Japan’s Inflation and Factory Output Fuel Optimism But Could Encounter Reversal

Japan’s recovery is holding steady ahead of a looming sales tax hike, economic indicators showed Friday, though weakness in wages and spending suggest it remains vulnerable to a reversal.

The consumer price index rose 1.3 percent in January and factory production also climbed.

Past experience suggests Japan will see a big plunge in demand after the 3 percentage point tax hike to 8 percent on April 1, said economist Masamichi Adachi of JP Morgan in Tokyo.

“It is a very difficult time to gauge the underlying strength of the economy,” he said.

As manufacturers and retailers raise prices to compensate for higher costs they are passing them on to consumers, who already appear to be tightening their belts to compensate.

Japanese awoke Friday to front-page reports of plans for hikes in the prices paid for vending machine soft drinks and plans for further increases in gas and electricity rates.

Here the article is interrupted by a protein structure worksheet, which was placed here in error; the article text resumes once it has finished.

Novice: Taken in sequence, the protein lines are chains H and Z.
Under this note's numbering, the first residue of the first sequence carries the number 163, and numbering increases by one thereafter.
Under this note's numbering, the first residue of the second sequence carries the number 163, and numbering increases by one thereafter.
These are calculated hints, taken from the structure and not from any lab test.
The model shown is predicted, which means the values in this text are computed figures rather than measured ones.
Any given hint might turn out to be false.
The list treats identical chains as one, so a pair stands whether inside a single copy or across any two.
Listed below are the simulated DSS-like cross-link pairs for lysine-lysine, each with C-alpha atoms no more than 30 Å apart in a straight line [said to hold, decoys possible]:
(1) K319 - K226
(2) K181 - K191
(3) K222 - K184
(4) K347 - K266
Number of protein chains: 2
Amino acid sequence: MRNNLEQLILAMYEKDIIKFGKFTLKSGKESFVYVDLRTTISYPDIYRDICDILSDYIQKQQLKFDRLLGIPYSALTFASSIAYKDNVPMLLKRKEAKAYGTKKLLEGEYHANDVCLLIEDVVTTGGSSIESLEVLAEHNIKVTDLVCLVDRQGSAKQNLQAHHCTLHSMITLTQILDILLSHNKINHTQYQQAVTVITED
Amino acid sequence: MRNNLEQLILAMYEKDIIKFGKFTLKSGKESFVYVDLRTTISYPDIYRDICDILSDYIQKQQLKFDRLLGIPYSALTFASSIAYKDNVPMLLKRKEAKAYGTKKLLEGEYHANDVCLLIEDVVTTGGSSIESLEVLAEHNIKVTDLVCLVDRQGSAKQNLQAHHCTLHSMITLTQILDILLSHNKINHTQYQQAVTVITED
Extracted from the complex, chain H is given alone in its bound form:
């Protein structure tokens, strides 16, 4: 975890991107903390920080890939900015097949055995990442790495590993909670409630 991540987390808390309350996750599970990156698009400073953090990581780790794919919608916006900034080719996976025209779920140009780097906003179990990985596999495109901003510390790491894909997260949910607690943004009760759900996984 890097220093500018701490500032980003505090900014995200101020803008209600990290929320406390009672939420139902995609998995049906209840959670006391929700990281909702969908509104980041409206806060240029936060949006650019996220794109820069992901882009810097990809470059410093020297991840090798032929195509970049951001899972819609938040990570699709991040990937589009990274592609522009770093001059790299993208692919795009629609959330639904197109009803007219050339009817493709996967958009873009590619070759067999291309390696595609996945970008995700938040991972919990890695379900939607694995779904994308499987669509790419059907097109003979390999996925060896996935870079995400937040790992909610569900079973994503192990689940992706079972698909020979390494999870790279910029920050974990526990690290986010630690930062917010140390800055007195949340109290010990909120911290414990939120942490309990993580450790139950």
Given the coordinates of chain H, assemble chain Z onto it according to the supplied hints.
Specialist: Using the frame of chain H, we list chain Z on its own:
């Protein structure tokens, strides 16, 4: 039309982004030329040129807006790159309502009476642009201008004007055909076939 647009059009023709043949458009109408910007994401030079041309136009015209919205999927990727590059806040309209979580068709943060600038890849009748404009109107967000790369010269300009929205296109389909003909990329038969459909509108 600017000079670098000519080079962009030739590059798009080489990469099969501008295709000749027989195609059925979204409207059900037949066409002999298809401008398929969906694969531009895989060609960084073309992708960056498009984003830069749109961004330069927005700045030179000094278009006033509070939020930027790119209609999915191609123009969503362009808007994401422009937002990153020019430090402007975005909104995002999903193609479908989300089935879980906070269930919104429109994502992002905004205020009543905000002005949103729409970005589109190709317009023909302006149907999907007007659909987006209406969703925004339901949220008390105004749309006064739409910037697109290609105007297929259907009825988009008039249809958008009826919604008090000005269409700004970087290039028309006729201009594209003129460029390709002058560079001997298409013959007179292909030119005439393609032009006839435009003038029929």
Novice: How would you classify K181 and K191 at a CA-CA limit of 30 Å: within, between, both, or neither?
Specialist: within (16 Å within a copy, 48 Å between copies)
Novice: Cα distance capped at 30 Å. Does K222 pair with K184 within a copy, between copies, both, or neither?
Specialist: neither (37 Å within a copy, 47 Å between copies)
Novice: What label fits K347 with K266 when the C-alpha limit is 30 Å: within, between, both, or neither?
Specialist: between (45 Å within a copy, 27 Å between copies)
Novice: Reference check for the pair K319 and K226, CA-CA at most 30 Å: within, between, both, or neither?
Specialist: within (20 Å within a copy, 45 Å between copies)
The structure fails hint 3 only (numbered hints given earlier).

Contrary to earlier expectations, manufacturers are forecasting that factory output will fall in March, following a 4 percent increase in January to about the level it was at before a massive earthquake and tsunami hit northeastern Japan in March 2011, the Ministry of Economy, Trade and Industry reported.

via Mainichi

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Alfonso Esparza

Alfonso Esparza

Senior Currency Analyst at Market Pulse
Alfonso Esparza specializes in macro forex strategies for North American and major currency pairs. Upon joining OANDA in 2007, Alfonso Esparza established the MarketPulseFX blog and he has since written extensively about central banks and global economic and political trends. Alfonso has also worked as a professional currency trader focused on North America and emerging markets. He has been published by The MarketWatch, Reuters, the Wall Street Journal and The Globe and Mail, and he also appears regularly as a guest commentator on networks including Bloomberg and BNN. He holds a finance degree from the Monterrey Institute of Technology and Higher Education (ITESM) and an MBA with a specialization on financial engineering and marketing from the University of Toronto.
Alfonso Esparza